Tracking and measuring the real drivers underpins long terms organisational success. Similarly ensuring superior performance is suitably rewarded and mediocrity is managed (including managing out) are key traits of trully successful companies. We help to understand the drivers of value and design systems to ensure these are embedded within the organisation.
Digitisation has (and will have) far reaching impacts on an organisation. It can extend the organisation’s reach, improve how products and services are developed and taken to market, and vastly assist in improving management decisions. At AIA, we focus our understanding on the consumer who drives the need for digitisation while driving through the changes in business and operating model.
Customers are interfacing with our clients primarily through digital channels. Creating immersive experiences that drive the customer value proposition becomes a requirement in customer attraction and retention. This is equally true for employees; who benefit from experiences that seek to embed change and influence behaviour facilitating growth, development and understanding. Together with our partners, AIA assists in understanding and tailoring specific experiences that improve customer retention while similarly driving and enhancing employee engagement.
Through increases in digitisation, more information is becoming readily available. Internal sensory information on both the customer and operations is opening possibilities never before imagined, As information increases, sophisticated tools are required to appropriately analyse the data, but also, to critically use the data to provide customised, localised and digitised solutions / products to customers.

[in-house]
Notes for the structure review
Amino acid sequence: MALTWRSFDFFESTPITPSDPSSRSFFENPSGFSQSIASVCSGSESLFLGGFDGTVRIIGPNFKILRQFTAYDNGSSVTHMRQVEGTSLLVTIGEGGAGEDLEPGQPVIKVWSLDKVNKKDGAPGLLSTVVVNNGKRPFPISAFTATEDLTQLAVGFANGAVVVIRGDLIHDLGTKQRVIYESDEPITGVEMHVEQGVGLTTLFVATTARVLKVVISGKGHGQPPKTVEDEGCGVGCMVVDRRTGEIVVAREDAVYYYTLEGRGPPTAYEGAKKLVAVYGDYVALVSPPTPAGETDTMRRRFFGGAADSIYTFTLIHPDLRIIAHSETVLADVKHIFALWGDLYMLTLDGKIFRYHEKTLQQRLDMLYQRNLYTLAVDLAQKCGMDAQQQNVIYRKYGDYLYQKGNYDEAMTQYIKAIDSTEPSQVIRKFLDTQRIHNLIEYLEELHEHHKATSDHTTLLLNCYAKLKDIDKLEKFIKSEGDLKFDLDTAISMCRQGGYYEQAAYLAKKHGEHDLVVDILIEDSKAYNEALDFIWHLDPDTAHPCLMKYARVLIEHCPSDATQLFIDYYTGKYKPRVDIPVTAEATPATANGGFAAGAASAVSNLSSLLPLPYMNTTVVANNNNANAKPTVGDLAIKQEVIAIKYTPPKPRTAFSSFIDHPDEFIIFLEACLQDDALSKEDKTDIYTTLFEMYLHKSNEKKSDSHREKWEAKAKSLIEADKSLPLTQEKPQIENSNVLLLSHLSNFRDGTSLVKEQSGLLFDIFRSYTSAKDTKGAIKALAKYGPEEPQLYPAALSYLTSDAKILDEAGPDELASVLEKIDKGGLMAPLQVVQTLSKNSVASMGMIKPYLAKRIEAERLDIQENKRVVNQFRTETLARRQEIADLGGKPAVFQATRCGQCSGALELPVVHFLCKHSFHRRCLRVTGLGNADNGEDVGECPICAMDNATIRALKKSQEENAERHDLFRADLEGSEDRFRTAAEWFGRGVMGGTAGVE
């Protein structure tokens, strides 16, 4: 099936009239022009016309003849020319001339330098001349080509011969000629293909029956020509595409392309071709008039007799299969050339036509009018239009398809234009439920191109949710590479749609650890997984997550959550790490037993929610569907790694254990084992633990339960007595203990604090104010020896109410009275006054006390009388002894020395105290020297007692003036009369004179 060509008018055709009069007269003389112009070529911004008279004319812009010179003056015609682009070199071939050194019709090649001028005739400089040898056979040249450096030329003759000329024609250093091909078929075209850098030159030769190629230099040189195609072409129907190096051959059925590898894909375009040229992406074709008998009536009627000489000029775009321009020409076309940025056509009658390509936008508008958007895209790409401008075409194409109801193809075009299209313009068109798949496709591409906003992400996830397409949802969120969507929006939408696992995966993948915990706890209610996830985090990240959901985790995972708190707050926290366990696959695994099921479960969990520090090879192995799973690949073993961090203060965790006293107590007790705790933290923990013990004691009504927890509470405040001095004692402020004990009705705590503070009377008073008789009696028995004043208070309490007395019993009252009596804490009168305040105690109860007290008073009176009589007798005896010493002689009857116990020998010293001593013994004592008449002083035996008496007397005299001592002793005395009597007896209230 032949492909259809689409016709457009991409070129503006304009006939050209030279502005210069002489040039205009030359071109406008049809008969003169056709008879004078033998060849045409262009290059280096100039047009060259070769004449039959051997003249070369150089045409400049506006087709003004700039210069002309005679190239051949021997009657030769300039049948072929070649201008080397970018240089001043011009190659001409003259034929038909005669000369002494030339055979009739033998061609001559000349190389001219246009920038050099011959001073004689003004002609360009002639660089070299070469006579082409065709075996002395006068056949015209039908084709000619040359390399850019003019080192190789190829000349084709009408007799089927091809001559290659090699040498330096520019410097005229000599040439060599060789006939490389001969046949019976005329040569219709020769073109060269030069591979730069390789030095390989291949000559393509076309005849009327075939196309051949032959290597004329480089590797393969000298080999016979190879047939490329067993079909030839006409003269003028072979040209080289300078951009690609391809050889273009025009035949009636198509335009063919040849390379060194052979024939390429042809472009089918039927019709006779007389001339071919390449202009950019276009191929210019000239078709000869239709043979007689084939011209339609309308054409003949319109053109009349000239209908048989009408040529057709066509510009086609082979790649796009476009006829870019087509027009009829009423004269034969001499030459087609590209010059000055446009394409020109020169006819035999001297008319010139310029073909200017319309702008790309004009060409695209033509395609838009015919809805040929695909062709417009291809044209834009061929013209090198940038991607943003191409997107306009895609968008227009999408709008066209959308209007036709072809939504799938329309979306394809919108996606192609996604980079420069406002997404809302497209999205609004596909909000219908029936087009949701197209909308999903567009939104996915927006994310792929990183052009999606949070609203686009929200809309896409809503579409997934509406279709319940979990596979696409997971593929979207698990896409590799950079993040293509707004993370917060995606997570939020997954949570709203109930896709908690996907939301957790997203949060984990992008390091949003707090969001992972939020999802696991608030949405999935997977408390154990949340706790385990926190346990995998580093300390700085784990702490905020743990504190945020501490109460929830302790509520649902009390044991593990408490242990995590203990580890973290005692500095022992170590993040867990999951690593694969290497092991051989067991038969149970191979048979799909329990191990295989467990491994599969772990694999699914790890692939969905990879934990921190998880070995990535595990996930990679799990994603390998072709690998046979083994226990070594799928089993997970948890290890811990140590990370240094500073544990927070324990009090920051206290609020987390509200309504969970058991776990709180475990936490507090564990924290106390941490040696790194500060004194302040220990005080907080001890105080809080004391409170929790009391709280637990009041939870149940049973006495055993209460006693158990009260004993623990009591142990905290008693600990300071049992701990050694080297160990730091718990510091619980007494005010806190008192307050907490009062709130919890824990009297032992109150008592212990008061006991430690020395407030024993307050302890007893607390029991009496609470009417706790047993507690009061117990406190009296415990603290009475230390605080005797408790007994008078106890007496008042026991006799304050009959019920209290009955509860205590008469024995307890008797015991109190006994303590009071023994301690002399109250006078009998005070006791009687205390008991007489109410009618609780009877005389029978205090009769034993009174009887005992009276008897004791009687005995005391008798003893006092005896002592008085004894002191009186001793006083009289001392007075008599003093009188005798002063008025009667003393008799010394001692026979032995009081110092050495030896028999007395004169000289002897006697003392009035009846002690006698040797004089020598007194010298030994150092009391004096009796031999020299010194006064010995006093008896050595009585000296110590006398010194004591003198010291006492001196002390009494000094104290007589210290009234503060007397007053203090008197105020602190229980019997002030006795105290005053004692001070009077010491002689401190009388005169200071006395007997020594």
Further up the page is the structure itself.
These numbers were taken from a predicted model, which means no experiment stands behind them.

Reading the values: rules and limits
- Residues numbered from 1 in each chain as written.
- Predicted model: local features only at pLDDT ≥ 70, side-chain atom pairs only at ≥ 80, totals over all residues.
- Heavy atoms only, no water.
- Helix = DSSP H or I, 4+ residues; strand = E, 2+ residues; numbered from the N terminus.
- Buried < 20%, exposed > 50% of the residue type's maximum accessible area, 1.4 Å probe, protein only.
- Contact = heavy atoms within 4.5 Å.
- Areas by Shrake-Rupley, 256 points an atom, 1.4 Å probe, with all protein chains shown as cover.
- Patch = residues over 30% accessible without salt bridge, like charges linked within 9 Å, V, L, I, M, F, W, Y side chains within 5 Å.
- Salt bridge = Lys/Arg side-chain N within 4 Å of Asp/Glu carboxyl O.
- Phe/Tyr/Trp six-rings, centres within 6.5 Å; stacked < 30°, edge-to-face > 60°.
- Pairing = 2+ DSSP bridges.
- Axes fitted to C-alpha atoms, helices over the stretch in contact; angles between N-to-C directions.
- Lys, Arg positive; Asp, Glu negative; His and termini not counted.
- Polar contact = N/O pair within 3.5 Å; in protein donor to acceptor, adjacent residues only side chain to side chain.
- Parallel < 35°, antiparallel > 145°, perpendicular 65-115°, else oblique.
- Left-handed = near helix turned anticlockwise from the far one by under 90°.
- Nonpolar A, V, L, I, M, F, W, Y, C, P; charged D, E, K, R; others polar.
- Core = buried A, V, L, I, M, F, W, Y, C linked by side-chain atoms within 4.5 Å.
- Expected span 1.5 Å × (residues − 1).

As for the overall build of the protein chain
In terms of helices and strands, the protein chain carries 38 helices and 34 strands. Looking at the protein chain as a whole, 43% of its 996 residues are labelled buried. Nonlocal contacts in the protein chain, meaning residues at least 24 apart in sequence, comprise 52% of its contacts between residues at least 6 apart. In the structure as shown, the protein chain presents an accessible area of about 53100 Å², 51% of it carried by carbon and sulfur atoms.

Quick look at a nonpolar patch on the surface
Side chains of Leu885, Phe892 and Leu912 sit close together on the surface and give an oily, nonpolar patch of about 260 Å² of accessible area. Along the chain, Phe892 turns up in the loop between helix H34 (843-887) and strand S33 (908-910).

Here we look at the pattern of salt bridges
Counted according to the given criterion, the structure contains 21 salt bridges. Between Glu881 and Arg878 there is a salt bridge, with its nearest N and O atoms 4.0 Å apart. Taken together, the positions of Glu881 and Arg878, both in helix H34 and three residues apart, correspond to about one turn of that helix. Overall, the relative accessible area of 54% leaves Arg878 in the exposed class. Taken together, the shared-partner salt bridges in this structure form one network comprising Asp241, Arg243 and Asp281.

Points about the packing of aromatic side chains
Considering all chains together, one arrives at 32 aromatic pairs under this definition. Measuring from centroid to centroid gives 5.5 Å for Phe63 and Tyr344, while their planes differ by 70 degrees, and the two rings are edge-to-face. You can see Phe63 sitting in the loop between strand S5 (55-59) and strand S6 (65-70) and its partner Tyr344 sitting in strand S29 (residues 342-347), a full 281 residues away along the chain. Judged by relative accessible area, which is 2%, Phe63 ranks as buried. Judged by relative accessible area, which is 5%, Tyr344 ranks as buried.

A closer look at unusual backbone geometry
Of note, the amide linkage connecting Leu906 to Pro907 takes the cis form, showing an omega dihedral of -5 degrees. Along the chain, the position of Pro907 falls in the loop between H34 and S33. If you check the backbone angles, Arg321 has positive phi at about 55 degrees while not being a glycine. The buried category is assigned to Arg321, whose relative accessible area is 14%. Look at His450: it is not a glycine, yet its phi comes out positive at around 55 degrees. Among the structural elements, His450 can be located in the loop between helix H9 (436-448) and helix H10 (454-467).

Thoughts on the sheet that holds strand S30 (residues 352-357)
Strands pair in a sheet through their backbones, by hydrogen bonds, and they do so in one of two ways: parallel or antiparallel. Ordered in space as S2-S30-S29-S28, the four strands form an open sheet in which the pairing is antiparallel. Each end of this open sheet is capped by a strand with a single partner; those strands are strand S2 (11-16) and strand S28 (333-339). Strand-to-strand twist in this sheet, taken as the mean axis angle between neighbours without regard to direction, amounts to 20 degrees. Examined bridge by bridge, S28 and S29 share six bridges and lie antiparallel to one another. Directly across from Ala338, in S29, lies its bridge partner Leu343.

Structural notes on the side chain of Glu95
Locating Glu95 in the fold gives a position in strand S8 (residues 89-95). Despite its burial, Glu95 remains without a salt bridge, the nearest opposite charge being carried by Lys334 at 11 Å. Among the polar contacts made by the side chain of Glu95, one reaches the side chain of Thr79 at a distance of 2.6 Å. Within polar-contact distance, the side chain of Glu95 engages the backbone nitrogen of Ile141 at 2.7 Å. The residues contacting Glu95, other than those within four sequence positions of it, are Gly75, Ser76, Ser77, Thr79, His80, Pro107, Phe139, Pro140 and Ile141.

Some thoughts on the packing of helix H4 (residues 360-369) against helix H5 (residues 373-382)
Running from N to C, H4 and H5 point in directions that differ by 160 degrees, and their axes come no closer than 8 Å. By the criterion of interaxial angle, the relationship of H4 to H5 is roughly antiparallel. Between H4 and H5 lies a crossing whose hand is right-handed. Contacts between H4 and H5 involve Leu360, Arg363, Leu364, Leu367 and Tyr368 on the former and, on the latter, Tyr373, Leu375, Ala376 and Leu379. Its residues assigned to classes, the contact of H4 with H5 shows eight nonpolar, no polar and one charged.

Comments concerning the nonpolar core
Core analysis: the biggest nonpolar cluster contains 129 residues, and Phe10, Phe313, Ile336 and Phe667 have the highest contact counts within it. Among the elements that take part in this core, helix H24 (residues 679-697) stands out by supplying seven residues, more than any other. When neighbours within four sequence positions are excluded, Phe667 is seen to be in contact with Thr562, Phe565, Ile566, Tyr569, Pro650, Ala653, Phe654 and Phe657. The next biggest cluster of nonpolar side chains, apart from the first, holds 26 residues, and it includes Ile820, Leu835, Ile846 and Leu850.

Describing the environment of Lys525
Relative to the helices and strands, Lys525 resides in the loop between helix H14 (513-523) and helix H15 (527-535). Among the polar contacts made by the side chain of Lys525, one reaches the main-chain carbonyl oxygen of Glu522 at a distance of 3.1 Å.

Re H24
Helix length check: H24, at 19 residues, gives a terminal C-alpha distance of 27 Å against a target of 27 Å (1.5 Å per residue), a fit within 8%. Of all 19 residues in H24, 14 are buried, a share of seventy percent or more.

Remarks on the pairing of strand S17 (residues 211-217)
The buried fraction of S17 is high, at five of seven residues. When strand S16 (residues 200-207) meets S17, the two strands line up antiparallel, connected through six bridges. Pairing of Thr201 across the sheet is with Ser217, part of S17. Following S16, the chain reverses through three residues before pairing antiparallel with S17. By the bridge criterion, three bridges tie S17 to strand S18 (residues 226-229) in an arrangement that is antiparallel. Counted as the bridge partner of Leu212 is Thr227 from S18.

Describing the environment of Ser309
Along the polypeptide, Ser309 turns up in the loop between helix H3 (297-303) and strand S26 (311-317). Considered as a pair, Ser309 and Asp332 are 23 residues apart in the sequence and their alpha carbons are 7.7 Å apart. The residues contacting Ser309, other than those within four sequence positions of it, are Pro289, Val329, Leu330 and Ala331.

Cloud Service Offerings – Software as a Service – is changing what defines core services. As more companies move towards SaaS in return for reduced cost based activities and improved customer experience, the competitive arena demands that businesses re-evaluate their product offerings. Our expertise provides a strong insight in understanding what the transition should be to a SaaS model, and building it through lean processes to ensure the core service is delivered through an effective SaaS offering.
Does formal training capacitate employees and equip them for their current and future job requirements? AIA utilises a blended approach to provide a customised experience to trainees through interactive classroom activities, practical experience and digital learning catering to a variety of needs. We offer SETA-accredited courses (ranging from short courses to full qualifications) as well as customised training based on client requirements. AIA leverages off our sister-company Resonance Institute of Learning.
A critical part of any sustainable project is building internal capacity to follow through. No initial plan is ever perfect. The secret to successful, sustained improvement is building internal capacity that can recognise, analyse and overcome roadblocks. We have adapted a unique combination of consulting and capacity building with our clients – termed Project Based Action Learning (PBAL). We are a leading provider of public sector PBAL in Southern Africa – having trained in excess of 5000 middle to senior managers utilising this approach. These concepts are about ‘Learning while doing’ and are internationally proven methodologies. Most critically, it builds cadres of managers who have been exposed to our ‘Virtuous Cycle’ of implementation.
A critical lesson from projects in the public sector is that a well-structured, managed and capacitated PMO is vital to success. Where we have seen clients underperform against plan it is almost always a result of underinvestment in this vital change management function. Successful change interventions require (1) the leadership support of the organisation and (2) a properly staffed Project Office and governance structure to coordinate and prioritize all interventions.
Most, if not all, of the organisations we have encountered have not had a formal process or system to manage and integrate strategy and performance management. Through our system Strategi EXE, AIA has a deep focus of embedding strategy through a systematic process of integration, alignment, communication and collaboration - ensuring strategy, its implementation and performance management all work together towards a common objective.
Making change stick is perhaps the most difficult part of our jobs - and often where most transformational initiative fail. Large scale transformation requires buy-in support of those who are expected to change. AIA utilises a blended approach in terms of utilising technology and behavioural science to embed change within an organsiation.